The development of co-speech gesture and its semantic integration with speech in 6-to 12-year-old children with autism spectrum disorders
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AbstractPrevious work leaves open the question of whether children with autism spectrum disorders aged 6-12years have delay in producing gestures compared to their typically developing peers. This study examined gestural production among school-aged children in a naturalistic context and how their gestures are semantically related to the accompanying speech. Delay in gestural production was found in children with autism spectrum disorders through their middle to late childhood. Compared to their typically developing counterparts, children with autism spectrum disorders gestured less often and used fewer types of gestures, in particular markers, which carry culture-specific meaning. Typically developing children's gestural production was related to language and cognitive skills, but among children with autism spectrum disorders, gestural production was more strongly related to the severity of socio-communicative impairment. Gesture impairment also included the failure to integrate speech with gesture: in particular, supplementary gestures are absent in children with autism spectrum disorders. The findings extend our understanding of gestural production in school-aged children with autism spectrum disorders during spontaneous interaction. The results can help guide new therapies for gestural production for children with autism spectrum disorders in middle and late childhood.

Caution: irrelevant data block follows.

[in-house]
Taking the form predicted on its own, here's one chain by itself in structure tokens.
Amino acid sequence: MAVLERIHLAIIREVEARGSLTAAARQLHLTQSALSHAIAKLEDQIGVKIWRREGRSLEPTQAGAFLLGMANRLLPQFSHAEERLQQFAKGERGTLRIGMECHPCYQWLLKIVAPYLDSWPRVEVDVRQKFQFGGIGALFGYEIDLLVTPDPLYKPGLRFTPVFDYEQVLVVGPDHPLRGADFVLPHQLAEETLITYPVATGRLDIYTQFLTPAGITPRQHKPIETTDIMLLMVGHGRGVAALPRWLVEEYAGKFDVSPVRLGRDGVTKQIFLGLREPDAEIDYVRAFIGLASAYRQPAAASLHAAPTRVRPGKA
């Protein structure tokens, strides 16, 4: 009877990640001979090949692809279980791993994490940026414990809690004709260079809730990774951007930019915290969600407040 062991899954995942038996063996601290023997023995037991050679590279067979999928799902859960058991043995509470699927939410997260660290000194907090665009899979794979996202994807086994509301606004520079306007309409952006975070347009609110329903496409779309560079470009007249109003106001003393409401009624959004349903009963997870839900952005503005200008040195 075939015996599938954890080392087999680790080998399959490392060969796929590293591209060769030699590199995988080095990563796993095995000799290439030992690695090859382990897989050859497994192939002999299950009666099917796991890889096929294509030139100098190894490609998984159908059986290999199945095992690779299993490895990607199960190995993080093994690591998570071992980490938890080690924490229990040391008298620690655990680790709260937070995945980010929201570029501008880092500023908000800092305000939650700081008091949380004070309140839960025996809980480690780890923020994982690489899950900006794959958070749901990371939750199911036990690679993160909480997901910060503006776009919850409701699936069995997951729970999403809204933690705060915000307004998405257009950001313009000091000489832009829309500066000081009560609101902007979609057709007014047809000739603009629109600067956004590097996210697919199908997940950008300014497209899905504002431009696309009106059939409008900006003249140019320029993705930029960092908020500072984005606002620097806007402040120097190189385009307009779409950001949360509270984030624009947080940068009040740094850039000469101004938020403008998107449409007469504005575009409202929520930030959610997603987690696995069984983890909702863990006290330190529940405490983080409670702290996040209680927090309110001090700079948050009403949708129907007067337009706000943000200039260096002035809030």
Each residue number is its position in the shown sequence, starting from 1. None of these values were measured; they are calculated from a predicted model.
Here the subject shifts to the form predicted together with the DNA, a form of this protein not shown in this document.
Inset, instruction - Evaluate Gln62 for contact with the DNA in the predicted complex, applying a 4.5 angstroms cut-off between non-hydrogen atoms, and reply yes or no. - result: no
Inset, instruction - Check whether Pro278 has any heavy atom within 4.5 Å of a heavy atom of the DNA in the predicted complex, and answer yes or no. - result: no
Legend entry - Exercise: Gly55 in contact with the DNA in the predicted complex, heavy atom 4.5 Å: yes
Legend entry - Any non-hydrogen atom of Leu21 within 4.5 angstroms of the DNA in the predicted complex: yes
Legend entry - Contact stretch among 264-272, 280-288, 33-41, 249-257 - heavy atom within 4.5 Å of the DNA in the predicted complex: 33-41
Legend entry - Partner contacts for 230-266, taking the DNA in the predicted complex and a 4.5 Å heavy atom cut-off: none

All Author(s) ListSo WC, Wong MKY, Lui M, Yip V
Journal nameAutism
Volume Number19
Issue Number8
PublisherSAGE Publications (UK and US)
Pages956 - 968
LanguagesEnglish-United Kingdom
Keywordsautism spectrum disorders; communication and language; gesture; school-aged children; semantic integration
Web of Science Subject CategoriesPsychology; Psychology, Developmental

Last updated on 2021-15-09 at 04:28